What’s possible with MaterialX?

We can look at MaterialX from a few different angles. On the one hand, it provides a standardized way of describing almost any shader and thus standardizes publishing shading networks for reuse in later pipeline steps. More importantly, though, it breaks down the barriers to effective material exchange. With MaterialX, you can take a shading network from one application, such as Maya, to another one, like Houdini — and maintain full editability in the process. And to top it off, MaterialX shading graphs are interchangeable between renderers, meaning that artists can throw the same material to different renderers and expect a somewhat similar result, without having to rebuild any part of the graph. Let’s look at some examples.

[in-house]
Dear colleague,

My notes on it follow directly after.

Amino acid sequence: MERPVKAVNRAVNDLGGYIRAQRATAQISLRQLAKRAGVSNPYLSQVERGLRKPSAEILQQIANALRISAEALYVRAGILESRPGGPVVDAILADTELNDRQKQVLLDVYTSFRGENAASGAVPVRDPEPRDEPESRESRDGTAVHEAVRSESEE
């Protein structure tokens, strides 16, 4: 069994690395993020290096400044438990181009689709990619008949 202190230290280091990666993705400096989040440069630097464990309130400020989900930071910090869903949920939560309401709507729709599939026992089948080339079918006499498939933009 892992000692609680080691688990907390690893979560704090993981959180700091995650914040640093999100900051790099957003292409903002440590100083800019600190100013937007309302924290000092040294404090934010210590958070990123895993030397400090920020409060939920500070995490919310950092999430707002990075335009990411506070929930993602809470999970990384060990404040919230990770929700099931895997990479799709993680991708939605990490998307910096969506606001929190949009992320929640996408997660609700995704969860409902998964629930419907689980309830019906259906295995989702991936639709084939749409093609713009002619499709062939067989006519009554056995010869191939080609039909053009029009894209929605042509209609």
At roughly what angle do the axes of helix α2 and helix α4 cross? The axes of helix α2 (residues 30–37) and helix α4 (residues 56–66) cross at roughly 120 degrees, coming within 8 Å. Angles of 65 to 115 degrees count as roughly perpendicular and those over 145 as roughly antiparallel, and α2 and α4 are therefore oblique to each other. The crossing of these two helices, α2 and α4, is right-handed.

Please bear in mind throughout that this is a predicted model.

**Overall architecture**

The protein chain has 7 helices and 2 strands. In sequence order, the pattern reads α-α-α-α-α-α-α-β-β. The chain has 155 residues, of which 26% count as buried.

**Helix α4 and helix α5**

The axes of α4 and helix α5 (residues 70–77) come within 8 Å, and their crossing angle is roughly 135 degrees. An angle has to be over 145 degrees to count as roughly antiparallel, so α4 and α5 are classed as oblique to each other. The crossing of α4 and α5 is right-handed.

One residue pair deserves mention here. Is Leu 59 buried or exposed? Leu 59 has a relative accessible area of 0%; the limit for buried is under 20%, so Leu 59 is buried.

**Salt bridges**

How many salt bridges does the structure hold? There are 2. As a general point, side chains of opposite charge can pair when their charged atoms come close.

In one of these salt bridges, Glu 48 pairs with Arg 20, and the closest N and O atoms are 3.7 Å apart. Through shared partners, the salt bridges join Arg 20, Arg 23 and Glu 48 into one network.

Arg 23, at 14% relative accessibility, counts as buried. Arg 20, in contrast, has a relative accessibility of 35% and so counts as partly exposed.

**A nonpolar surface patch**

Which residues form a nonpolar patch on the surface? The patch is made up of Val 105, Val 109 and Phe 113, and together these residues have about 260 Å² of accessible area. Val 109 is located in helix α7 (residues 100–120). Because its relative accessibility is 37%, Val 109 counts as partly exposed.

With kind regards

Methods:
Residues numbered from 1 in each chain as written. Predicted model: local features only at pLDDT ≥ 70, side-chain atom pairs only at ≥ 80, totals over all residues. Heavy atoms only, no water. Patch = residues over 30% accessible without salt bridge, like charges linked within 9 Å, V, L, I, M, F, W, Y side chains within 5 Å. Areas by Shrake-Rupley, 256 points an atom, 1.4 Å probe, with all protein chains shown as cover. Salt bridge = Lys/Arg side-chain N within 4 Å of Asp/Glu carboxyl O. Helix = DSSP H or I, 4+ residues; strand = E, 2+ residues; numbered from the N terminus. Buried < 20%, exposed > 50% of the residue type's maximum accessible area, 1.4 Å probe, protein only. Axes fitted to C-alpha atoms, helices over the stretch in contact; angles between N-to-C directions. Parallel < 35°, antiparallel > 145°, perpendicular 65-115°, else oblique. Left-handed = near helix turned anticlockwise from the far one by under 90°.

Tool interoperability

Going into specific examples, artists are now able to create a complete look-dev for an asset in Maya and transfer it over to Houdini where they can examine the shading graph and modify it freely. Any modifications can be brought back into Maya, or the shaders can even be created or replaced in Houdini.

A character asset created in Maya and transferred to Solaris, where the shaders were further modified to better fit the environment.

Teams interoperability

In the end, this translates to boosting the ease of collaboration between artists, departments, and even studios. Not having to spend any time manually rebuilding shaders, or maintaining an automated data exchange pipeline, means that artists can focus on being creative in the tools they’re comfortable with and where they are most efficient in their work.